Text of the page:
Oh yes, my family are West ‘by God’ Virginians and never anything but proud to be. My father was born a Mennonite farmer. At fourteen he was loading and driving a milk wagon into town before school. At sixteen he went to work on the Western Maryland Railroad and at eighteen he went to work at the Celanese Textile plant where he stayed for forty-seven years. My mother’s family was railroad workers. No, not one of us worked in the mines, but if you are a West Virginian the heritage of coal mining is in your blood. It has been said that we all cough black smoke and bleed coal oil. I guess there might be some truth to that, because when someone says Rednecks are bad people, I get a teense upset.

 

 

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4 19 13 Silly Al’s

By Desert Dave

-Silly Als one block wet of hwy 85

 Silly Al’s is located one block west of the Hwy 95 and Hwy 10 intersection, Quartzite, Arizona.

Most every town has something that makes it interesting.  D.C. has the Smithsonian, Philly has the big cracked bell, Salem has the Witch Tree and Quartzsite, Arizona has Silly Al’s, which has something in common with each of the afore mentioned places.

-tip pot

First, there are many old relics in Al’s. Some adorn the walls, a few are in glass cases and some of us are sitting at the bar. Second, that bell might be cracked but Al’s has been through devastating fire, a few desert floods and storms that would crack a Stonehenge boulder. Here in the desert if we call it a breeze it will roll your RV and if we call it wind it will relocate your house.  As to the Witch Tree …well, they don’t have a tree and that’s enough to say.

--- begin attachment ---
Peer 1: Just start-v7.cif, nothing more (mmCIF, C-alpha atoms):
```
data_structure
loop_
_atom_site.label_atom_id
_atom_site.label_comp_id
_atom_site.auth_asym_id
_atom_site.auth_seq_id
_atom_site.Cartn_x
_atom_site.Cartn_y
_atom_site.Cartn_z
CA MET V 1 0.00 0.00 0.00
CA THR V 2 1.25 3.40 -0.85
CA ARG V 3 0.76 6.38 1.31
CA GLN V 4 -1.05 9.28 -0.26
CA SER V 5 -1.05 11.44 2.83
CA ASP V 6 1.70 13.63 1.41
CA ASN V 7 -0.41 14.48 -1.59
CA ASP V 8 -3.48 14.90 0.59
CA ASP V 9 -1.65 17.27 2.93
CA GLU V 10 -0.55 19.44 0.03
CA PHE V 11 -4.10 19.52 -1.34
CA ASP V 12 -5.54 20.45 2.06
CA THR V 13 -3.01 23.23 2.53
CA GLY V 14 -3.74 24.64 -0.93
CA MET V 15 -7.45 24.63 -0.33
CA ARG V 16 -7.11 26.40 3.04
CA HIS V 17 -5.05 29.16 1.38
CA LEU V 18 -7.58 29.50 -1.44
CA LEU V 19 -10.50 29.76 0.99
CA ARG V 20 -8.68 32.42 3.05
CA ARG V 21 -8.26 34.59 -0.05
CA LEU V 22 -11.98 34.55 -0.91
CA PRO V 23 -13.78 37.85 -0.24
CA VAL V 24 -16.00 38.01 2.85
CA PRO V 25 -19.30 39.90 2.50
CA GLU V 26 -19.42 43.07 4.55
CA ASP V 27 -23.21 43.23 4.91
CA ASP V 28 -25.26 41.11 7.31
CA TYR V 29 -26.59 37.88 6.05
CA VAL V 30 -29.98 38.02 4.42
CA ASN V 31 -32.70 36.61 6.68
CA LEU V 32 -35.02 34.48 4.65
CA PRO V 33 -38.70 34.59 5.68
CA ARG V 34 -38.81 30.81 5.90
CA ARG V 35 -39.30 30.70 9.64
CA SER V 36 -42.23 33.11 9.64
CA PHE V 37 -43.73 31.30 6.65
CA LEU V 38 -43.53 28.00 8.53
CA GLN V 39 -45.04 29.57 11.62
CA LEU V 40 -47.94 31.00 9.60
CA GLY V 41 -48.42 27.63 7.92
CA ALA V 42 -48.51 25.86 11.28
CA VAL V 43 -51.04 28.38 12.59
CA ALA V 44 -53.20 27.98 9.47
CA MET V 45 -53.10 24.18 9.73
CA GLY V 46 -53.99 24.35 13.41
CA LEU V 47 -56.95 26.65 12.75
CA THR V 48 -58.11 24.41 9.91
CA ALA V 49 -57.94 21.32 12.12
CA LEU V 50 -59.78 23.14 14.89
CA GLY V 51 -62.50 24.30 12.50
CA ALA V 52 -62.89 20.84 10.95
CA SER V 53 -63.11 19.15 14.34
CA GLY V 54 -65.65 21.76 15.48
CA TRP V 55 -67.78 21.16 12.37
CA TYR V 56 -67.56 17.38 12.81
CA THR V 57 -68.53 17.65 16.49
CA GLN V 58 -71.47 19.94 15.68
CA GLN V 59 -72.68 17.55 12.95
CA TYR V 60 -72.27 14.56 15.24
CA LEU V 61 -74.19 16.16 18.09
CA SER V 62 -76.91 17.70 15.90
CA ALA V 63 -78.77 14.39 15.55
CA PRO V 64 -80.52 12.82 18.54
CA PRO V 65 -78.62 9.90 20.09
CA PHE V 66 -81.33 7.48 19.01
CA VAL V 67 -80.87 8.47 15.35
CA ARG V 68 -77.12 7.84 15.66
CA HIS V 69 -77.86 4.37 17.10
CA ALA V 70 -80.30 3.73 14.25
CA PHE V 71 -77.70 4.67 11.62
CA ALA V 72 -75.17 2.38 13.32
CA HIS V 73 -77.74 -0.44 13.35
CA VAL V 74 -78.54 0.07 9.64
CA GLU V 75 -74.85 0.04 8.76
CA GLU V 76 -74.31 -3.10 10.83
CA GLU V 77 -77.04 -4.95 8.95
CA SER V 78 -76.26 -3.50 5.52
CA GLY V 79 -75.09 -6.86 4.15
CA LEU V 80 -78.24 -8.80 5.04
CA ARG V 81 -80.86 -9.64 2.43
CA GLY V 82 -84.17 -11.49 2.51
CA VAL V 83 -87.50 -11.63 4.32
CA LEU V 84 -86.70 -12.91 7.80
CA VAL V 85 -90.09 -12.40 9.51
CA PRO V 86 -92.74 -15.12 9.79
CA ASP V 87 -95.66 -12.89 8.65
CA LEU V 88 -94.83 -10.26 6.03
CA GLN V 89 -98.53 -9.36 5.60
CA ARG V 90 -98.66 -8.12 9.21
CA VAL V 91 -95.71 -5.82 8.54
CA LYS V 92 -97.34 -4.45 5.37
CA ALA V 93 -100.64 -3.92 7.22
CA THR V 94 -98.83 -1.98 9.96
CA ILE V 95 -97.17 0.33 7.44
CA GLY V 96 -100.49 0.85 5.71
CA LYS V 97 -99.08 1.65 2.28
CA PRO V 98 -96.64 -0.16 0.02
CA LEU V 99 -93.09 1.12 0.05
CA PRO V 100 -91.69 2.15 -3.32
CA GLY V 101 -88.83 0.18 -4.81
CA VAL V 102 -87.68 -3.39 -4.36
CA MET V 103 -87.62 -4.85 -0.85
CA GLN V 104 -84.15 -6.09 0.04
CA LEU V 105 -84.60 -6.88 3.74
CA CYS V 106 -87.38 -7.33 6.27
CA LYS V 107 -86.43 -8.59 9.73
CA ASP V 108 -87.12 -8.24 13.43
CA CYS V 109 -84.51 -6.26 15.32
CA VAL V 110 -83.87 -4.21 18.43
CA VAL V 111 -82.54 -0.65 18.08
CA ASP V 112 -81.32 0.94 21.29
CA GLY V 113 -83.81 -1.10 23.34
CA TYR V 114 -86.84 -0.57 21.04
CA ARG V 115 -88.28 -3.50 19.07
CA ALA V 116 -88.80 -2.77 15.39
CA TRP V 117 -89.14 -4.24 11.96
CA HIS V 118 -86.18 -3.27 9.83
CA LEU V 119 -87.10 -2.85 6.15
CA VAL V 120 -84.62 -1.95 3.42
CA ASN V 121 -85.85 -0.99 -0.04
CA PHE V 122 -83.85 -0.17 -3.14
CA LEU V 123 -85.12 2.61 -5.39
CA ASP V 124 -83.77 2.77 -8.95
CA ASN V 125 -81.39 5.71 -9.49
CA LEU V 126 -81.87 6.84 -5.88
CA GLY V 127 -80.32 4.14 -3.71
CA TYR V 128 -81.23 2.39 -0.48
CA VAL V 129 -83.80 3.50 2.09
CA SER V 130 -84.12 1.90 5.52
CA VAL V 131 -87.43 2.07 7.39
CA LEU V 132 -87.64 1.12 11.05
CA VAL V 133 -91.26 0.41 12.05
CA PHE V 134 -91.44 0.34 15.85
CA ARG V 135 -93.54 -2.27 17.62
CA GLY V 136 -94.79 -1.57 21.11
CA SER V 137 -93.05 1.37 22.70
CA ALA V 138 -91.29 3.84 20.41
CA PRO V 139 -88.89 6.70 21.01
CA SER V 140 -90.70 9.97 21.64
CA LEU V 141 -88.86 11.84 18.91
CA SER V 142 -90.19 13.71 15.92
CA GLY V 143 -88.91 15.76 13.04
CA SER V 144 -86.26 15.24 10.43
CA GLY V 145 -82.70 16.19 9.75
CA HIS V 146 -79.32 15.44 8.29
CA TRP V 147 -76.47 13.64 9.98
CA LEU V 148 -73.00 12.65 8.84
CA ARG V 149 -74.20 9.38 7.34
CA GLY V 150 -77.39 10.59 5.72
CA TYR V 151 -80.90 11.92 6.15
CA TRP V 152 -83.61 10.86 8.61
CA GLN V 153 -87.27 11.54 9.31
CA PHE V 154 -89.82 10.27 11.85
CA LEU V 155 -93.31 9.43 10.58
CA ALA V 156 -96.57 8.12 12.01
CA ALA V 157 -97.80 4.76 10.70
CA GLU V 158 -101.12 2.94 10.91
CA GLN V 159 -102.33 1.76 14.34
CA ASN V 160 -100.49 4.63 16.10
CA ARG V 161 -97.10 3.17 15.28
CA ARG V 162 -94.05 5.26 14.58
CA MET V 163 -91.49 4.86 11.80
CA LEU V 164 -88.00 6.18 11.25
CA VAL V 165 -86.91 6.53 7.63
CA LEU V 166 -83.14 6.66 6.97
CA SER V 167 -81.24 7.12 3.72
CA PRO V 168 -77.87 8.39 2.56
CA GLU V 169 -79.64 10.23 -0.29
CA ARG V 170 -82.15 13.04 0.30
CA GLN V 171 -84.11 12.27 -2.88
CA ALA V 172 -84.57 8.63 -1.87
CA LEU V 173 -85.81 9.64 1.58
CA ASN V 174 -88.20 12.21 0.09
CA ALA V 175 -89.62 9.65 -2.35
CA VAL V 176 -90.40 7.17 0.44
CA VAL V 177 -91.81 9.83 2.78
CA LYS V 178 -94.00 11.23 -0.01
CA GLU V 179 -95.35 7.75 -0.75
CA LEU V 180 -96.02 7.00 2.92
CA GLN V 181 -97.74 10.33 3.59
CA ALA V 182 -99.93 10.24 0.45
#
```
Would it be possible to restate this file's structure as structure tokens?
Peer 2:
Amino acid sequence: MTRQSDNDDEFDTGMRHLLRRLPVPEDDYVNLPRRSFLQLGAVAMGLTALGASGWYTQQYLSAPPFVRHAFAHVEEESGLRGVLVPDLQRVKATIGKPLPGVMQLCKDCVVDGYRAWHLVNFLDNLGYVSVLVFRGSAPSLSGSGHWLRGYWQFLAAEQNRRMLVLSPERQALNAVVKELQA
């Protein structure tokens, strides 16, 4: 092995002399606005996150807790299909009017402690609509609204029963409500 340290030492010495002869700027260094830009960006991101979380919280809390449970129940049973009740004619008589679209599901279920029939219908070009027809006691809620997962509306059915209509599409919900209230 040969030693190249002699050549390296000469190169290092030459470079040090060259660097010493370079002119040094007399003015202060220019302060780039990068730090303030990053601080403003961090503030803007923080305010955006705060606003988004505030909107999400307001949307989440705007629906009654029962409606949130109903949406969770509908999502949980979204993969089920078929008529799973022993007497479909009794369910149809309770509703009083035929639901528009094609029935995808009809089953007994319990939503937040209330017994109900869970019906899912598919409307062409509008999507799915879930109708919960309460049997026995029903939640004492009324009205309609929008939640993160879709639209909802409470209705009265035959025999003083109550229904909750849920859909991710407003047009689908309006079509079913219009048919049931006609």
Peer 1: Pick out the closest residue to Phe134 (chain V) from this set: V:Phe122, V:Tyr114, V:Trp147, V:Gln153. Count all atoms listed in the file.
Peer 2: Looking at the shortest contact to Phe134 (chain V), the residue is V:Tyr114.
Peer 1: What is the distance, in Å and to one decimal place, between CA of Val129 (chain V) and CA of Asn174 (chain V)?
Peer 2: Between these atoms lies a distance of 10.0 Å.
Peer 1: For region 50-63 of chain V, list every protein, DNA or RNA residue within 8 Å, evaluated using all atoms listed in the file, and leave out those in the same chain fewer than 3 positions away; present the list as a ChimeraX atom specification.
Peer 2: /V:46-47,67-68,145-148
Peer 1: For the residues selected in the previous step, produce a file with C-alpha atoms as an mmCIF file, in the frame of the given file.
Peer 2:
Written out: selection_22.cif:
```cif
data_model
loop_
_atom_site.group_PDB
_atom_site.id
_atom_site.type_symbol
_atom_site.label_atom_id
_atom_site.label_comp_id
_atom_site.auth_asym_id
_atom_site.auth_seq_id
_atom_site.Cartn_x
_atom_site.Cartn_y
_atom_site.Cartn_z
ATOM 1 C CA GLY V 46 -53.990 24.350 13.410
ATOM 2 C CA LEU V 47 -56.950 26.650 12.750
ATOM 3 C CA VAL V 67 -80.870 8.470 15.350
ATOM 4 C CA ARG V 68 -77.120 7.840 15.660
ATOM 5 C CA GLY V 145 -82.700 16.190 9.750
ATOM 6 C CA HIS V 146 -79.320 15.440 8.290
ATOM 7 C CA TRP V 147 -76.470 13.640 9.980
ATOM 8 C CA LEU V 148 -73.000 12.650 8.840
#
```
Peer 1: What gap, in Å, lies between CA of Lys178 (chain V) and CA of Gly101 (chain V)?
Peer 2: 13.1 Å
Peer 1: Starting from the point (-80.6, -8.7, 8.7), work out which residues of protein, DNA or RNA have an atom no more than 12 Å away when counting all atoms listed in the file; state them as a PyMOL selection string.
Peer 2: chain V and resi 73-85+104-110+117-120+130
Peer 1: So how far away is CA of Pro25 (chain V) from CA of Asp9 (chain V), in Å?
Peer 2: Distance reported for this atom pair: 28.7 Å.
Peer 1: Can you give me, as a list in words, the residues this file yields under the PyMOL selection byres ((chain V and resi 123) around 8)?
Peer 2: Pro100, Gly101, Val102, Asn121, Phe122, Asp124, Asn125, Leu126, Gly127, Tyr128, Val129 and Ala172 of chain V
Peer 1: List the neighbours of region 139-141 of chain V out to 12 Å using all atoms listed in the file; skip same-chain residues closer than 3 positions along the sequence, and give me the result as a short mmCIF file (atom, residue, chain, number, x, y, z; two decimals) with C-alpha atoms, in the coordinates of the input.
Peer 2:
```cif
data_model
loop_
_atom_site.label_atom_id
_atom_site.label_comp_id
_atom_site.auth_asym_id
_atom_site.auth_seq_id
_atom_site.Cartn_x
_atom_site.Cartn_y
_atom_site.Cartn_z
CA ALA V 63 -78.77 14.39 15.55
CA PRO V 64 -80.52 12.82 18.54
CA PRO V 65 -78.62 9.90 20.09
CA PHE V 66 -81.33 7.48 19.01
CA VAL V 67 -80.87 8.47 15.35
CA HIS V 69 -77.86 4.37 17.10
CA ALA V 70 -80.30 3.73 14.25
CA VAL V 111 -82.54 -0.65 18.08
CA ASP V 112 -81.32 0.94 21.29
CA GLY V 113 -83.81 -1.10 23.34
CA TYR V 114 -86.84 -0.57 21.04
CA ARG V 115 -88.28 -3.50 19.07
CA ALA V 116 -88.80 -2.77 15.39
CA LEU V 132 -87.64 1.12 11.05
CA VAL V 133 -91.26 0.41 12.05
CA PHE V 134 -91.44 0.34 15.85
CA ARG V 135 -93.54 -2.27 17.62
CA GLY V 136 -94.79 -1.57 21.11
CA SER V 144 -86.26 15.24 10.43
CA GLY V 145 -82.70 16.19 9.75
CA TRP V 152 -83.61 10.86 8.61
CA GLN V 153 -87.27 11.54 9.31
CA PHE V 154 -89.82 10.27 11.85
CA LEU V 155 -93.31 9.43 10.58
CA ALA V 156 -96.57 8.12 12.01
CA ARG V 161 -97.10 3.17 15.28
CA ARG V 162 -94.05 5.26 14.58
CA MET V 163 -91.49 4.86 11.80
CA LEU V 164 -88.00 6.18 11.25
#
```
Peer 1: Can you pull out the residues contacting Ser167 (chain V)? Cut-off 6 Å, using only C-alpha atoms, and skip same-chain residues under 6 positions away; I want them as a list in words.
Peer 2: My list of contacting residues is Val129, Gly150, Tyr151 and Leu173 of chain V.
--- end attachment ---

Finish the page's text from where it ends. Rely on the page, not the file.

What Al’s does have is the best pizza and atmosphere west of Highway 95. That might take a minute to consider, but it happens to be one heck of a compliment when you consider what is west of Highway 95.

-Als 4

My reason for spotlighting Al’s is because it has been my home pub and social club for the five years I have spent in Quartzsite. I know it better than any other place in town, and today sitting at a beautiful Lake in New Mexico I am missing my Silly Al’s family, and especially the pizza. My original intention was to do the typical profile article about when and how Al’s got started, how they create magic in the kitchen and their business philosophy. Boring. Besides, that has already been done a few times. Not this time. I want to take you there and show you the Al’s I know.

If you liked the TV show “Cheers” and wished there was a place like that in your town, come to mine and I will show you Al’s. It has been a long time since I could approach the bar without two or three voices calling out, “Hey, Dave.” From then on the afternoon is filled with NASCAR, PGA, NFL and the bar favorite, college football.

-Pizza eater from Balt. MD

Man from Baltimore, Maryland

-Al's  5 - bar

Robbie, the owner, is such a College ball fan that he declared all times during any game is Happy Hour. Discounting drink prices makes everyone happy.

-The Robertson family

The Robertson family, left to right, Nikki, Rachelle, Robbie, and Karon. Colton in front.